McRobb candid about election disappointment

When it comes to Gary McRobb, everything has changed. And nothing has. McRobb works out of the same office he had a year ago — the former New…

When it comes to Gary McRobb, everything has changed. And nothing has.

McRobb works out of the same office he had a year ago — the former New Democrat space he used before he was ejected from the party and joined the Liberals.

And he reclines in the same chair in the legislature that he’s used for the past four years.

He’d hoped to become a Liberal cabinet minister on the government benches.

But the election returned McRobb to the opposition bleachers.

And he’s slowly starting to accept that.

“Yeah, it would have been a lot better to serve on the government side, given what I’ve learned over the years,” said McRobb on Monday.

“I fully accept the will of the voters and have adjusted to the return of my role of holding the Yukon Party accountable,” said the Kluane MLA, who won the riding with 317 votes.

“This close to the election, of course, this is a low point in the cycle. This could very well be my last term.

“But I can see several positives as well.”

Those highpoints include working with an inexperienced but energetic Liberal caucus, as well as a new, non-partisan vibe running through the legislature, he said.

That “favourable change” in the tenor of the goings-on has resulted in agreement on the standing committee on rules, elections and privileges recreated, he said.

McRobb has long championed the rebuilding of the committee.

But for three years, the parties could not agree on how to do it.

As soon as the house reconvened, McRobb proposed the group be created.

“And to the credit of the government, it agreed,” he said. “It could lead to significant change.”

Still, McRobb’s disappointment at missing a cabinet post — he served as a backbencher in Piers McDonald’s NDP government from 1996-2000 — is evident in his slumping body language.

To push his way through the low, McRobb is just working harder, he said.

“I’m not motivated by my own motivations and feelings,” said McRobb. “I’m not even sure what those might be at this point.

“You tend to put your own self on to the backburner. I’m going to think about it at the appropriate time.

“I don’t anticipate doing anything drastic at this time.”

Much ado about nothing

It’s been a long time since the Yukon legislature passed any … legislation.

Don’t expect new bills this fall, either.

There is nothing on the radar beyond two supplementary budgets and some boilerplate changes to the Yukon Tax Act that reflect federal revisions.

Fall sittings are when governments introduce new bills; spring sittings are typically reserved for budget debates.

But last fall saw little legislation. And the spring saw a budget and a single bill — the Safer Communities and Neighbourhoods Act, said Liberal leader Arthur Mitchell.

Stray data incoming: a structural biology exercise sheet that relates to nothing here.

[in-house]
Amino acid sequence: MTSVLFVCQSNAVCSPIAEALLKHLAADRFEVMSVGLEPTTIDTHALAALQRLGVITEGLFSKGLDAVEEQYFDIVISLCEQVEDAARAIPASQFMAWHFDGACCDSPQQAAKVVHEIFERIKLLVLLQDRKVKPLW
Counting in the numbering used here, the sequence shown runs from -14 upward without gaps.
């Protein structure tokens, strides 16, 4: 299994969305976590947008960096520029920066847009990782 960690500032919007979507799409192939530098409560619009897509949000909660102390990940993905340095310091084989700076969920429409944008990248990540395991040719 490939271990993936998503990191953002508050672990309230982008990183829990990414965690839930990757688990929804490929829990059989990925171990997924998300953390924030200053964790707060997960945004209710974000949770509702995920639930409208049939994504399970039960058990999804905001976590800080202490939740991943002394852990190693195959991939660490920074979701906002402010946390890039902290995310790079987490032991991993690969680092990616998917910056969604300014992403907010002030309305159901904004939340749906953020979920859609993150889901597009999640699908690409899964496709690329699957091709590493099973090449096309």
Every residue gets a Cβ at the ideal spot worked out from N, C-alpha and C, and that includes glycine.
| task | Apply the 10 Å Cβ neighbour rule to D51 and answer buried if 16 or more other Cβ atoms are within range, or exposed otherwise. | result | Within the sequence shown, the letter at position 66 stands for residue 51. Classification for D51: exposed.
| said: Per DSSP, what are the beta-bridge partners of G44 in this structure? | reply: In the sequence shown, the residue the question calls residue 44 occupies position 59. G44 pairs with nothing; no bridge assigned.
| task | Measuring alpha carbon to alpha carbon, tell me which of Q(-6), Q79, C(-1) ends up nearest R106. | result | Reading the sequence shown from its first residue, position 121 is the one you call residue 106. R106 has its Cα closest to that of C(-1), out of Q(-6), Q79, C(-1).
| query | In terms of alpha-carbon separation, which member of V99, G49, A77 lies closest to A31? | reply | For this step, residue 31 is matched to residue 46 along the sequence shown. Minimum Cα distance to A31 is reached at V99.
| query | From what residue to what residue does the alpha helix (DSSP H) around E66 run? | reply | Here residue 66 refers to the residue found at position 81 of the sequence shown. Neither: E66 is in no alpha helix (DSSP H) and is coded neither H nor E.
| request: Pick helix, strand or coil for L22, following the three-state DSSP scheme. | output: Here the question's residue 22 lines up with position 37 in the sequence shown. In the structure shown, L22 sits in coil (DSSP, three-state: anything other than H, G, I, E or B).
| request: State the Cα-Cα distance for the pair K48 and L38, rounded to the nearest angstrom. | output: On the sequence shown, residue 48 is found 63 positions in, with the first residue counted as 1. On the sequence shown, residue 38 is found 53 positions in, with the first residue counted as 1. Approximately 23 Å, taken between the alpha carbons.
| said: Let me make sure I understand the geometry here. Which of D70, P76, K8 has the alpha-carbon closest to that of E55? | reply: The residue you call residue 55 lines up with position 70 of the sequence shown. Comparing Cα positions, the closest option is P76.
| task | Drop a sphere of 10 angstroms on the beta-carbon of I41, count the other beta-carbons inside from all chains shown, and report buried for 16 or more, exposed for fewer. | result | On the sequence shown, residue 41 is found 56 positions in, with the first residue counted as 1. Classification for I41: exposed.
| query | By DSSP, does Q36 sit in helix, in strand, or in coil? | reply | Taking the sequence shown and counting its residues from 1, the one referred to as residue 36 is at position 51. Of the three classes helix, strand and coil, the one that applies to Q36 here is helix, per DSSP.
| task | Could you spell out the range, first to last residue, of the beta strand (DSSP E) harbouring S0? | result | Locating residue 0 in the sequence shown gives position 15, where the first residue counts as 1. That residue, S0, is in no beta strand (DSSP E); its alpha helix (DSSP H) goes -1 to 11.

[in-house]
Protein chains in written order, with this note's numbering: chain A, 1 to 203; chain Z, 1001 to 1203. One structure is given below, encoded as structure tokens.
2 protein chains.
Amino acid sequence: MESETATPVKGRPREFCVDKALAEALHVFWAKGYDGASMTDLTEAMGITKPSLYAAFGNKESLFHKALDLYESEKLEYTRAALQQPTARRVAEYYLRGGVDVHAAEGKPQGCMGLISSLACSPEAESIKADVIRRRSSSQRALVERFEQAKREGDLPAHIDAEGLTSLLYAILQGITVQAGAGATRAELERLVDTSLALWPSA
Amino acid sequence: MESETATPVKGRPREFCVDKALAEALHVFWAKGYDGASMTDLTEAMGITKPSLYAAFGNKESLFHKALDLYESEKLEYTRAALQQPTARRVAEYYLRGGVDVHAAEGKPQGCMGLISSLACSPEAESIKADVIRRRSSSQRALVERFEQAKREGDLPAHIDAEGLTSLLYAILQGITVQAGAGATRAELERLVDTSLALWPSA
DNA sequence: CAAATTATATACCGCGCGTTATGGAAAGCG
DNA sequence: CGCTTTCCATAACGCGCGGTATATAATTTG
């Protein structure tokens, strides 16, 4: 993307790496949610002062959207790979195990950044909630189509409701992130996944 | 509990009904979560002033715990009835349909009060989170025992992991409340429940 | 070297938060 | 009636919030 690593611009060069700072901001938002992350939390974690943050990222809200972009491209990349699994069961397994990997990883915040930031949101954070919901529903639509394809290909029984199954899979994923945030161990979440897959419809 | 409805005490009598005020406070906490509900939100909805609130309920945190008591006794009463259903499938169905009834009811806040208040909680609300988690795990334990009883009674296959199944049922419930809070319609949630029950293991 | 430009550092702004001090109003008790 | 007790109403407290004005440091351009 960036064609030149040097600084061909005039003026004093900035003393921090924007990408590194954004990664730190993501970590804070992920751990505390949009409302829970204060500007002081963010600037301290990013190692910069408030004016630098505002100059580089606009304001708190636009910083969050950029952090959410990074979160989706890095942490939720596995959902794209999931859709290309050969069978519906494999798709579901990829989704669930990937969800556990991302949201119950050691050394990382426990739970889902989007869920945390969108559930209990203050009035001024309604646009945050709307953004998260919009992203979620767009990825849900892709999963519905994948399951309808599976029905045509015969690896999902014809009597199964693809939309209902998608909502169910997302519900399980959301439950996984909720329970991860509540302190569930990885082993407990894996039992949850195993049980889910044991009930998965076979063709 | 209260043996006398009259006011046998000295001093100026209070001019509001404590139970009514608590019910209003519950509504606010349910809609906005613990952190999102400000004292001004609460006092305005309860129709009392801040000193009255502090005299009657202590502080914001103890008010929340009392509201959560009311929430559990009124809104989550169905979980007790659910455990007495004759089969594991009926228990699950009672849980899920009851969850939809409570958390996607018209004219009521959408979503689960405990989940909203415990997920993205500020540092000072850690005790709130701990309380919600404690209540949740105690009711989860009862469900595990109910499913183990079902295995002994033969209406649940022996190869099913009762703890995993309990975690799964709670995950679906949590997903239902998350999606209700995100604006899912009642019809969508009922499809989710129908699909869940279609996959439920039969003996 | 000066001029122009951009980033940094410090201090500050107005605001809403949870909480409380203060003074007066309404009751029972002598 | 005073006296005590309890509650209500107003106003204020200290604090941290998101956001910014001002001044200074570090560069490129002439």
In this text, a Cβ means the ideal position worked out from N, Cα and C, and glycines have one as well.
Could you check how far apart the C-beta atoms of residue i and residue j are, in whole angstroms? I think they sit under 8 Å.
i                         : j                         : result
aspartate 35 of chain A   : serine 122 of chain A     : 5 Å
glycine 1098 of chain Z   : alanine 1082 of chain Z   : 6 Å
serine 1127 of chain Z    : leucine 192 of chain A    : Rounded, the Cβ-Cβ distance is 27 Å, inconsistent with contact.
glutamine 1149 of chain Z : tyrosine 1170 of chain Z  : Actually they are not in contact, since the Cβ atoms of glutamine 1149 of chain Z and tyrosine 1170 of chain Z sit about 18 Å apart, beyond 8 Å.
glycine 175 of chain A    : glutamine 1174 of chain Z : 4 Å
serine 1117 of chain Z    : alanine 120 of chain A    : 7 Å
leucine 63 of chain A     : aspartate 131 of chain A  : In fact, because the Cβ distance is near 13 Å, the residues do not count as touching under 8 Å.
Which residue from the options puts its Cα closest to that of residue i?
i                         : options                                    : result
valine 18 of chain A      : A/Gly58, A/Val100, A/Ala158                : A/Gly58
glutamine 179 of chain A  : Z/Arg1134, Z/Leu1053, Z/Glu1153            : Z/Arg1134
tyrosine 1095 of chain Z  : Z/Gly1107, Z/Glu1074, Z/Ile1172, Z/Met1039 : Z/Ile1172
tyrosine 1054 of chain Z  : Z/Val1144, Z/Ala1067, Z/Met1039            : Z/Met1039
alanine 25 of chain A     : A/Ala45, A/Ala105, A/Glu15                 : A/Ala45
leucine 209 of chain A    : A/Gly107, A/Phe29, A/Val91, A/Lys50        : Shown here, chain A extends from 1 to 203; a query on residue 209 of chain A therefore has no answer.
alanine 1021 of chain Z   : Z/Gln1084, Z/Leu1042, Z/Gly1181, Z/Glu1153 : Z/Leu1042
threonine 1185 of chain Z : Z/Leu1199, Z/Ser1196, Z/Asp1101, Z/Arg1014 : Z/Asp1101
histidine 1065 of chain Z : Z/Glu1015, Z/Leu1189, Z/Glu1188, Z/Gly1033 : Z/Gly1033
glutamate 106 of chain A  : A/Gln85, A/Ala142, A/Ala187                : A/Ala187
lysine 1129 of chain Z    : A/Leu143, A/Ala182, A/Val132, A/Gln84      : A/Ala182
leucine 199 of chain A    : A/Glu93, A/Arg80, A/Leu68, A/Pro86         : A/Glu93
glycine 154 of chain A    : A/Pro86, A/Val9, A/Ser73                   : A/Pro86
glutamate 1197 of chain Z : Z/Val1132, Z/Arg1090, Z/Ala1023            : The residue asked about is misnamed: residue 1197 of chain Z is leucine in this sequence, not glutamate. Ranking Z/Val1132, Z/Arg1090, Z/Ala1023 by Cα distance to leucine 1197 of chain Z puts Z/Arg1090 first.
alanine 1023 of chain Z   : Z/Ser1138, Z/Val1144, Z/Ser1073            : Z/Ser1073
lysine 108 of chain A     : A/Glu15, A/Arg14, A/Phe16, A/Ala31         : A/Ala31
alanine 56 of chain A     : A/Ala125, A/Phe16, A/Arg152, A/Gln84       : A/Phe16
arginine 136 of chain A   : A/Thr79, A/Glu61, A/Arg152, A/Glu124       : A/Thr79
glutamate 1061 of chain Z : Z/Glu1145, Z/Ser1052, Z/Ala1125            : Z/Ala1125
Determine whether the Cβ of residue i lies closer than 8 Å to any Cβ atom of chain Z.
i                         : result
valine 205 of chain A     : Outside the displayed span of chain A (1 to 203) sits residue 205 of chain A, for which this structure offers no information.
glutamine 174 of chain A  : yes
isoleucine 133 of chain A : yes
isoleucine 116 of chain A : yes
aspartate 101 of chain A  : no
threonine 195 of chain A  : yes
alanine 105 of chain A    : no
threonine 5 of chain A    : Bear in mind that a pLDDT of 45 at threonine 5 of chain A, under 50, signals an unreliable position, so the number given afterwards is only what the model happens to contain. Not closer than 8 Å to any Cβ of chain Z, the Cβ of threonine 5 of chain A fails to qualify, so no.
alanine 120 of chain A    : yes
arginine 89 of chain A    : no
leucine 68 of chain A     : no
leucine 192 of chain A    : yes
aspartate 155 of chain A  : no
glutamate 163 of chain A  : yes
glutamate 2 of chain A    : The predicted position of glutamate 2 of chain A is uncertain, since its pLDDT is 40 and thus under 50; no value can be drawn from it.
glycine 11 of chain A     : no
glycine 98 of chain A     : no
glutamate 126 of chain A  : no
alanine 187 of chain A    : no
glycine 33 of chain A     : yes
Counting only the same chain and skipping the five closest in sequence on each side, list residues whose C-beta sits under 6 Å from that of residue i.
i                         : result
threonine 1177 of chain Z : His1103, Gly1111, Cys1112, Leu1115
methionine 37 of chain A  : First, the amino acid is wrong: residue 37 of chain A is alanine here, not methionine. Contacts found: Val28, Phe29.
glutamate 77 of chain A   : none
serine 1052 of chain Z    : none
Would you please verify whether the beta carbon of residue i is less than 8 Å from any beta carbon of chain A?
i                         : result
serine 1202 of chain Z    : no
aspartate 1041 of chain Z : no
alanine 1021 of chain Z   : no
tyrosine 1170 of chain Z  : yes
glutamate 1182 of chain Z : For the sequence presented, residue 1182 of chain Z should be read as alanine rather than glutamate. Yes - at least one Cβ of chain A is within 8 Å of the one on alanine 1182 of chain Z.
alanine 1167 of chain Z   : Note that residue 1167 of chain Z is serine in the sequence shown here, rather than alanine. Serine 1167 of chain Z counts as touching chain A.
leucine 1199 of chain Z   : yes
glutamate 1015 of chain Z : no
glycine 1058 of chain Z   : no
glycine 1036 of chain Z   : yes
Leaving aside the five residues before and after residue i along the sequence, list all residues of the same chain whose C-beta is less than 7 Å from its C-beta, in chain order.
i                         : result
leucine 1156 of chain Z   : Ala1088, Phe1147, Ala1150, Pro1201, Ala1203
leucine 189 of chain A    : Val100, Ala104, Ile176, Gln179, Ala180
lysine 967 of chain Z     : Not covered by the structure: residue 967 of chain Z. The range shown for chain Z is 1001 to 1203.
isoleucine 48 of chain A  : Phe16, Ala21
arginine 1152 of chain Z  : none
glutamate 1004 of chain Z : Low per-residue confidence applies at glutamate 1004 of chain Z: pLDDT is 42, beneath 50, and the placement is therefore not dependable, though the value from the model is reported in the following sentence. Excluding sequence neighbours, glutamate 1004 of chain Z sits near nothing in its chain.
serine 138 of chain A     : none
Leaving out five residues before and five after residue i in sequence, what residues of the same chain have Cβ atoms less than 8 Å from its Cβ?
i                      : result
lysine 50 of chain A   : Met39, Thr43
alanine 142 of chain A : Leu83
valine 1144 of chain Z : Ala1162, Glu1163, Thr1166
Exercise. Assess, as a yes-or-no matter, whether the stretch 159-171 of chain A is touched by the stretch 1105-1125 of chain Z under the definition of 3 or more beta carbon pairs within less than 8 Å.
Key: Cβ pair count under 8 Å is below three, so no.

The coming spring will be spent debating the Yukon Party’s first budget since winning a second mandate.

As a result, new legislation could be almost a year away.

Mitchell is tired of the government’s plodding pace.

“We’re way past due on the Children’s Act, the Workers Compensation Act, on coming forward with legislation for the protection of animals,” he said. “We’re way past due on addressing social assistance rates.

“It’s time to actually do the work.”

Fentie and his crew were distracted by the election, but could have instructed the Yukon bureaucracy to stay at work on legislation, said Mitchell.

But that doesn’t appear to have happened, he said.

“They either haven’t provided it or the direction is that they don’t want to see a Workers’ Compensation Act, a change to the Access to Information and Privacy Act, changes to animal protection legislation, the Children’s Act,” he said.

“Basically, the approach became about a year ago, ‘Get everything into the area of a review, a consultation, a study, and push it beyond the election,’” said Mitchell.

“There’s no more point in hiding anymore. They’ve got their mandate.”

Mitchell is pushing to see social assistance rate changes appear in the next budget.

But Fentie isn’t onside with budgets being used to address “any and all matters,” he said.

“It’s not an issue of in the budget, out of the budget,” said Fentie.

“It’s an issue of dealing with the overall content of what you must create — and if it’s going to be SA rate changes, we’ve got to look at the full context of that.”

The spring will be see a budget tabled, and will only see new government legislation if it’s ready, he said.

Don’t keep your fingers crossed.

“Right now, the work that is going on in government … is focused on the budget itself,” said Fentie. (TQ)

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